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Q: Care of Antique furnature ( Answered 5 out of 5 stars,   1 Comment )
Question  
Subject: Care of Antique furnature
Category: Miscellaneous
Asked by: oldsalt-ga
List Price: $20.00
Posted: 22 Feb 2003 13:34 PST
Expires: 24 Mar 2003 13:34 PST
Question ID: 165690
I collect 1800-1900 French antique furnature. What is the ideal
humidity level of the dwelling where they are kept?
Answer  
Subject: Re: Care of Antique furnature
Answered By: googlenut-ga on 22 Feb 2003 17:05 PST
Rated:5 out of 5 stars
 
Hello oldsalt-ga,

Maintaining appropriate humidity levels is very important to the
conservation of your French antique furniture. High humidity levels
can result in swelling, mold growth, softening of glues and
accelerated corrosion of metals. Low humidity levels can dry and
weaken furniture joints, shrink flat wood surfaces, splitting,
cracking, warping, gaps in joints and embrittlement of adhesives.

Most of the information that I found describes a range of relative
humidity levels that is best for the conservation of antique
furniture, as well as recommended temperature levels.

Generally, a safe humidity range appears to be 35% to 65%. The best
temperature range appears to be 68 to 75 degrees Fahrenheit.  It is
also recommended that furniture be kept out of direct sunlight.


According to The Regional Alliance for Preservation (RAP),
(http://www.rap-arcc.org/leaflets/pifurn.htm) :

“To decrease excessive dryness during the heating season, keep rooms
with antique furniture cool and use a humidifier to add moisture to
the air – for most furniture, maintain a relative humidity of 35%.

Conversely, the summer’s humidity can also damage furniture.  Long
periods of high humidity (above 60% relative humidity) can accelerate
the growth of molds and may encourage wood beetle activity.  It can
also expand wood, placing added pressure on furniture glues and
joints.  To avoid these conditions, use de-humidifiers; and small fans
can help circulate air and create a more even environment.”


According to the Florida Division of Historical Resources
(http://dhr.dos.state.fl.us/museum/ACS2/):

“To preserve your objects, you should control the humidity level in
your home, keeping it within the accepted RH range of 35% to 65%. If
necessary, supplement standard air conditioning with a humidifier or
dehumidifier.”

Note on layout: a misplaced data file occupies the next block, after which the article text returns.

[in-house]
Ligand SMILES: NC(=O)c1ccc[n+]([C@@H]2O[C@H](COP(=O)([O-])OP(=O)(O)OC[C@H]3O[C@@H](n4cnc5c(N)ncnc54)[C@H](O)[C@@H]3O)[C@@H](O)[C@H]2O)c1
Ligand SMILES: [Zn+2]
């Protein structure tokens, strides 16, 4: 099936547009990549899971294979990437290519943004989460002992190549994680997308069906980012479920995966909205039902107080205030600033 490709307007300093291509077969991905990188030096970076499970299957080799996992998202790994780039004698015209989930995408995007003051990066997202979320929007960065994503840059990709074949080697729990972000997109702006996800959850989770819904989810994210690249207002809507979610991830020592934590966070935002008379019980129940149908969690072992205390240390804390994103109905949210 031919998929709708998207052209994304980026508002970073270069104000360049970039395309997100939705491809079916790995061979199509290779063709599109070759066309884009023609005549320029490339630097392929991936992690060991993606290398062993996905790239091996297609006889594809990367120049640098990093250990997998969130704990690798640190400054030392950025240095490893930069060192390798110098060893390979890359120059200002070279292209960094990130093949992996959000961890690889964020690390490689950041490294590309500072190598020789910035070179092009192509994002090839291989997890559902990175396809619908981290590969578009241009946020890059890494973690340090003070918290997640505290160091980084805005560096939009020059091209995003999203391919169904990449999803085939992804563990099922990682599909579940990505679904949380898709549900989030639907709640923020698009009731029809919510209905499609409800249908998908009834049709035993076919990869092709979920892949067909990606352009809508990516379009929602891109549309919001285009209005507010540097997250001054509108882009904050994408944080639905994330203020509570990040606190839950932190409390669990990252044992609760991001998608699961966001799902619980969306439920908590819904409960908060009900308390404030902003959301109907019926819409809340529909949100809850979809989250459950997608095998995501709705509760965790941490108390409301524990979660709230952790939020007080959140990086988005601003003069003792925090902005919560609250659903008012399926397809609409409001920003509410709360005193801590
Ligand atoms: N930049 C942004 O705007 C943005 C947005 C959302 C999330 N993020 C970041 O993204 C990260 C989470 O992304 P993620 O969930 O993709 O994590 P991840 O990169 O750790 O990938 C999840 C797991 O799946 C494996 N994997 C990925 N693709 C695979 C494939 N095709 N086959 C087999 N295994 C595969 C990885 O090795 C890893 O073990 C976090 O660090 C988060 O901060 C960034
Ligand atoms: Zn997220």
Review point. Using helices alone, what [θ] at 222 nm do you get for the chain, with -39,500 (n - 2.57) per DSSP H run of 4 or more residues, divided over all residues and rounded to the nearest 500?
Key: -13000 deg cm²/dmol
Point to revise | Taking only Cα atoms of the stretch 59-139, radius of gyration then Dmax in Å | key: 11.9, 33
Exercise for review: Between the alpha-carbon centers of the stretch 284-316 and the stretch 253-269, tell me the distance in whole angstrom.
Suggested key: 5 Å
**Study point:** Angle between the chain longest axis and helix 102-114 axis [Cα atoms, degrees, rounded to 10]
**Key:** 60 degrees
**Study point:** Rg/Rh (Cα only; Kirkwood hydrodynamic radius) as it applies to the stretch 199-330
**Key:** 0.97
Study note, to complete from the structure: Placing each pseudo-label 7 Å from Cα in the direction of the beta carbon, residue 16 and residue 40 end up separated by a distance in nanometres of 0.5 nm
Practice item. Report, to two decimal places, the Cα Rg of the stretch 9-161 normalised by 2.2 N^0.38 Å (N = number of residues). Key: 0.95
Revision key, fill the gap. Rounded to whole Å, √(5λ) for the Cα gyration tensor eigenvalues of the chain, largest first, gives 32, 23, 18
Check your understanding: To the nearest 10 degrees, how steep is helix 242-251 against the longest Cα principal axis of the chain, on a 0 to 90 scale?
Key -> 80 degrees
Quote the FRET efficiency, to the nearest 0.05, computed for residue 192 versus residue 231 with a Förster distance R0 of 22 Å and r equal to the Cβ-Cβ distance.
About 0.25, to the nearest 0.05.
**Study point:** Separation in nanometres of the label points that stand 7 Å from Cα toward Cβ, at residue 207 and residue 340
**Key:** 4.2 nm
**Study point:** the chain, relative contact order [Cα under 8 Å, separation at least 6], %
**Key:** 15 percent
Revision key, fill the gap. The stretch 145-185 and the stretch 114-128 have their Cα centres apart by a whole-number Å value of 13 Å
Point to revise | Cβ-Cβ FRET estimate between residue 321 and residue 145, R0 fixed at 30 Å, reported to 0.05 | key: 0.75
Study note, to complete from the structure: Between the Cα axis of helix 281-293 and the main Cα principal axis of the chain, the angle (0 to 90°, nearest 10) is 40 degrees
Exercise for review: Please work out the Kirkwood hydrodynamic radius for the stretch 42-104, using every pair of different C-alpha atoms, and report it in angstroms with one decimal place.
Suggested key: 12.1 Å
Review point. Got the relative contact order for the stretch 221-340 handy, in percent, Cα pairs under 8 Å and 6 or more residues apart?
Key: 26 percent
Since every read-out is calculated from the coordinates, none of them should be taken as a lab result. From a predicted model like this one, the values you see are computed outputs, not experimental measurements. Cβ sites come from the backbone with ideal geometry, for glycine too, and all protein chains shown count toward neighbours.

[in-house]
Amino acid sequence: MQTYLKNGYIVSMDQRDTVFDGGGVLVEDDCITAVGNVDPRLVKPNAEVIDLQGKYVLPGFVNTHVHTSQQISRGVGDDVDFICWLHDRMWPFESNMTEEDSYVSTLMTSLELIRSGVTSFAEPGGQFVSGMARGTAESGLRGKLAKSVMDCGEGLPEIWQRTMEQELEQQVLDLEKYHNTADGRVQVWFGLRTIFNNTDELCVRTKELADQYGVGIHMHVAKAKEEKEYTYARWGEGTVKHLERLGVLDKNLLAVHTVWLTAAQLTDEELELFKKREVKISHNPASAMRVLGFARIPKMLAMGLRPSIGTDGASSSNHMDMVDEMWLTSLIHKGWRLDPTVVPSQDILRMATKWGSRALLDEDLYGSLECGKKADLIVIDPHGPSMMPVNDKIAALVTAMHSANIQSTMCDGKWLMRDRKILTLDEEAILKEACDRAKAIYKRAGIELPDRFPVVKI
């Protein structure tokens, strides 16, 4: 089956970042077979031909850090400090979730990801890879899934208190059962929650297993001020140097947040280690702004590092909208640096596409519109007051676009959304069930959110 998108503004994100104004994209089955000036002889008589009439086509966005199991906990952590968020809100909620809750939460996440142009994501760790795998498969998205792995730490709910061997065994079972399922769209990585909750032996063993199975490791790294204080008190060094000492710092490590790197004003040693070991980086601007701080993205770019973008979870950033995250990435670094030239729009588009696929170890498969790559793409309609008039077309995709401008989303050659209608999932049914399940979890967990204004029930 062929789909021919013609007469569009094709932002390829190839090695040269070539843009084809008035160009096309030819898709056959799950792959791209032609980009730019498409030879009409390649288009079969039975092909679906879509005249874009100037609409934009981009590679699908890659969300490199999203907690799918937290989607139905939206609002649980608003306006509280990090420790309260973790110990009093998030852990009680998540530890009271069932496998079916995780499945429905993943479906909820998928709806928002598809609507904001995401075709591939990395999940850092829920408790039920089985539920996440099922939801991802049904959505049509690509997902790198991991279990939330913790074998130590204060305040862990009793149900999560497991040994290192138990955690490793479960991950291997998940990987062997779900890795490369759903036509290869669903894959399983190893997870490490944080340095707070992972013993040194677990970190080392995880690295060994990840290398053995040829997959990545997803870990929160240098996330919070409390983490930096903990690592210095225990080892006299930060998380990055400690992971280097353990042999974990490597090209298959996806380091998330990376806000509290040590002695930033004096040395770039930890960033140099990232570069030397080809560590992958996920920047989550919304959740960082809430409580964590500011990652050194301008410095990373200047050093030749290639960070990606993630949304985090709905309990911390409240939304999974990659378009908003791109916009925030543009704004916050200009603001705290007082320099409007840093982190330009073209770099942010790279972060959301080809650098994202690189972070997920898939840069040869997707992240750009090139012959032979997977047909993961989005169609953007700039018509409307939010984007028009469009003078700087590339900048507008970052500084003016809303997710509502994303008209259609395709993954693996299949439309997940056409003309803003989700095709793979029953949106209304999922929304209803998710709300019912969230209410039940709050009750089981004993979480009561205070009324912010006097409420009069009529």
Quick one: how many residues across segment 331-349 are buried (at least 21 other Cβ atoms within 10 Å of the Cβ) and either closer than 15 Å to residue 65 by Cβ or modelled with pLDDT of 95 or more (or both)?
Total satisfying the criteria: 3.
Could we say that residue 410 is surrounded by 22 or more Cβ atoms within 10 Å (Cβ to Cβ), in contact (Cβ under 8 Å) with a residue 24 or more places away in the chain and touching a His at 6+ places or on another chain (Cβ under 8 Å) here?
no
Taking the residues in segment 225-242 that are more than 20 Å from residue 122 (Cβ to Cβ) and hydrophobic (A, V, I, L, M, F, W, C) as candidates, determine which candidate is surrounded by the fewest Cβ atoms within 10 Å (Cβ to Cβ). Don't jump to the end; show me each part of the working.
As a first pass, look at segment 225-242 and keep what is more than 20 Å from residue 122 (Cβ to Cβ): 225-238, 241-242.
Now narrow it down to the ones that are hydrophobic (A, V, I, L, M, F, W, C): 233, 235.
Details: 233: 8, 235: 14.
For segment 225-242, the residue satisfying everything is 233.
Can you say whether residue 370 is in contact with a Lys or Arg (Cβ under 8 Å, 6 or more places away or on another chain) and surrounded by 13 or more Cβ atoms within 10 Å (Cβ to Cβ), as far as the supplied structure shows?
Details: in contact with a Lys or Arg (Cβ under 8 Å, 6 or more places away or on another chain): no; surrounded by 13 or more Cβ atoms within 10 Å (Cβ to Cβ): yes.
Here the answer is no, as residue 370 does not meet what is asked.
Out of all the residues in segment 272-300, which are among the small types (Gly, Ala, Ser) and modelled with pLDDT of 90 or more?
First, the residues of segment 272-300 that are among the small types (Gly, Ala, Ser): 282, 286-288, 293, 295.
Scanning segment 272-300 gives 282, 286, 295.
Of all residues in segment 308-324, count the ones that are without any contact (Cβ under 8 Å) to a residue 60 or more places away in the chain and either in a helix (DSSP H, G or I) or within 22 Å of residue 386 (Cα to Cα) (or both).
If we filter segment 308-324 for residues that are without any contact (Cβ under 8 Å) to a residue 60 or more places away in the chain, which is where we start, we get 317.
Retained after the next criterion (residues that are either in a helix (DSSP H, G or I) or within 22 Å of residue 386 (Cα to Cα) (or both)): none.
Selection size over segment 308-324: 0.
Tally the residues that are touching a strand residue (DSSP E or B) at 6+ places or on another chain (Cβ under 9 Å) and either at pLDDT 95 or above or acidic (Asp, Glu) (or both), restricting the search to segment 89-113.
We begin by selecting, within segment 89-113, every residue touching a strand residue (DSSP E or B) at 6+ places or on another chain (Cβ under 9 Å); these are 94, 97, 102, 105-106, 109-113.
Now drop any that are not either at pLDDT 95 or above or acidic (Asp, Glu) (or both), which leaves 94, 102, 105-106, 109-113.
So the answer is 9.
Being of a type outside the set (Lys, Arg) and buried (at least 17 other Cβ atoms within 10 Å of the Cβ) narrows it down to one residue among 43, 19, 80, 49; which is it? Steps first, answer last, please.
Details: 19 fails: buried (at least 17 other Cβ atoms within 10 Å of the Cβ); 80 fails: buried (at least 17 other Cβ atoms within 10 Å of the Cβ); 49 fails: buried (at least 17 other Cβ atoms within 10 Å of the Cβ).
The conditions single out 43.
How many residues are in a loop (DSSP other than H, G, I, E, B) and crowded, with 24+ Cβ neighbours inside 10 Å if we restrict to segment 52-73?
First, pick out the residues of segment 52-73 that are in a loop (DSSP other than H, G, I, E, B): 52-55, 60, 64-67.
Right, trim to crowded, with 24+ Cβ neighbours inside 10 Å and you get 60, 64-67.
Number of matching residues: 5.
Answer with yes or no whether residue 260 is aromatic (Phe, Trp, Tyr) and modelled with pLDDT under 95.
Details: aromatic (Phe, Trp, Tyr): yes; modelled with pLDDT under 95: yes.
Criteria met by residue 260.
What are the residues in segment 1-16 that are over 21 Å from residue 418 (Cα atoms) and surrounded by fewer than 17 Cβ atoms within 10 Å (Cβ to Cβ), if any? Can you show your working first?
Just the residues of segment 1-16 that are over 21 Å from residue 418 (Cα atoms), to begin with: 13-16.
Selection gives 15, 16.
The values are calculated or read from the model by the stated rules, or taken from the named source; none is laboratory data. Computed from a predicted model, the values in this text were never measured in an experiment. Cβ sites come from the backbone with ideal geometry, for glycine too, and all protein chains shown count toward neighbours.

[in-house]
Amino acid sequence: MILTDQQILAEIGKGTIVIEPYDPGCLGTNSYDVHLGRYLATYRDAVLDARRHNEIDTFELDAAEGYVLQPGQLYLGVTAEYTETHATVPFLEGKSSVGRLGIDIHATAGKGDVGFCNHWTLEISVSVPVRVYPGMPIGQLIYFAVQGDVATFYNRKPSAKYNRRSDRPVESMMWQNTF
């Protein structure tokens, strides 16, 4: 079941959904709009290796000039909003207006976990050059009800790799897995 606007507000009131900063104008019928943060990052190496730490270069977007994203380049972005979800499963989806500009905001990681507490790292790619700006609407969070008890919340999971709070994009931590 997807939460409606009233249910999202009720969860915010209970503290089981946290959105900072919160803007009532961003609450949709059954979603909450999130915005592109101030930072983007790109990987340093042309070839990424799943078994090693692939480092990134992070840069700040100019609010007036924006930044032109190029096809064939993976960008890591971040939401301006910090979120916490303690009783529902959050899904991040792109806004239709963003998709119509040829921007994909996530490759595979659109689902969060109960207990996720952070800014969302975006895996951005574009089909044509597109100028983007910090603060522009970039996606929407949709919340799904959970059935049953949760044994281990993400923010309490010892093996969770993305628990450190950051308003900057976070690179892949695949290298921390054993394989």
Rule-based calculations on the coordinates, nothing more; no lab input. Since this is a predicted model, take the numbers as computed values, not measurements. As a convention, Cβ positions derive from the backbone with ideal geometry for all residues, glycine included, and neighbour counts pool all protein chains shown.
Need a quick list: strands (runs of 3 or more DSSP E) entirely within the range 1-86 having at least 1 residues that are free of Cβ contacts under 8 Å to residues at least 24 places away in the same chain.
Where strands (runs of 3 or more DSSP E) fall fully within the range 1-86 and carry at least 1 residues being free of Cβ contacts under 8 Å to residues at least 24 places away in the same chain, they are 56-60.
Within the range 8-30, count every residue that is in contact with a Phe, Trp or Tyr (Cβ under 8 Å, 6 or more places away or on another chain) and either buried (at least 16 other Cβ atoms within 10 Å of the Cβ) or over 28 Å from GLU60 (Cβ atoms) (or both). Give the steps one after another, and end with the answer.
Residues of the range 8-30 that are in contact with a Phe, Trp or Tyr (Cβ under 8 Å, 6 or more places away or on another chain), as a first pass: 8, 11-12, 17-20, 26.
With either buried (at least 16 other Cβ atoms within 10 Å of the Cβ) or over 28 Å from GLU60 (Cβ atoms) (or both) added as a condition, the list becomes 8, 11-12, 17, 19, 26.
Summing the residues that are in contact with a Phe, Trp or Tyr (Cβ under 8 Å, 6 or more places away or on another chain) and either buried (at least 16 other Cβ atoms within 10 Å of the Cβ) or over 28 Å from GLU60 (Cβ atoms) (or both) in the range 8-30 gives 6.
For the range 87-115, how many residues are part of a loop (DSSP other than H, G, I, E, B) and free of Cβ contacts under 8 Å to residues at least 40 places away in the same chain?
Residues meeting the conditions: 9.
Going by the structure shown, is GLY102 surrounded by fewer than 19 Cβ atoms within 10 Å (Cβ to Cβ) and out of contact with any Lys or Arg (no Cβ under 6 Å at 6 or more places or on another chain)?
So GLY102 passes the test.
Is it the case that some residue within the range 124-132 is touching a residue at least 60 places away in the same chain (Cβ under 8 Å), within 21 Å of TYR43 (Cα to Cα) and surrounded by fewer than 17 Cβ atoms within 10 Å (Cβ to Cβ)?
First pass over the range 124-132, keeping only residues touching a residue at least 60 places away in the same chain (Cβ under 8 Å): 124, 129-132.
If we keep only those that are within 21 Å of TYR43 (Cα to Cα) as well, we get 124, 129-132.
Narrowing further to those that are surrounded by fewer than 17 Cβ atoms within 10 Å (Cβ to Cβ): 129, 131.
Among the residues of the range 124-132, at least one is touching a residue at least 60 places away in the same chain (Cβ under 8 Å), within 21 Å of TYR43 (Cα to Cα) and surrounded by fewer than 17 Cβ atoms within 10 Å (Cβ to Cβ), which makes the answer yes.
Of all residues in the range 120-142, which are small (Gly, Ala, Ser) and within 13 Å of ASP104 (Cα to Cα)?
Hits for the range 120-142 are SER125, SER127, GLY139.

Regarding temperature, they go on to say:

“While not as damaging by itself as relative humidity, temperature can
accelerate chemical degradative reactions within a material. For
example, corrosion in a brass mount will proceed much more rapidly at
90 degrees and 50% RH than at 70 degrees and 50% RH. Elevated
temperatures also can cause loss of volatile plasticizers in a finish,
leading to embrittlement and cracking.”


The Henry Ford Museum & Greenfield Village website
(http://www.hfmgv.org/research/cis/furniture.html) states the
following:

“While precise control of temperature and humidity is desirable, it is
not always practical in homes. Therefore, damage should be minimized
by avoiding extremes in temperature and humidity. This can be done by
insuring that furniture is kept away from heat sources such as furnace
vents, fire places, warm lights and direct sunlight.

The recommended temperature and humidity levels for the storage and
display of furniture are as follows:

WINTER  -  Temperature 70 degrees F
	           Relative humidity 35%-45%

SUMMER  -  Temperature 70-75 degrees F
	           Relative humidity 55%-65% 

Inexpensive humidity sensors can be purchased from conservation
suppliers.”


The Association of Art and Antique Dealers
(http://www.lapada.co.uk/care/furniture.html) gives a more precise
recommendation:

“The ideal humidity level is around 50 to 55 per cent and this can be
checked with humidity indicator cards, strips or a garden hygrometer.
The room temperature should be kept as constant as possible, with
central heating left on low at night. Rooms should be kept well
aired.”


This range is also recommended by The British Antique Furniture
Restorers' Association,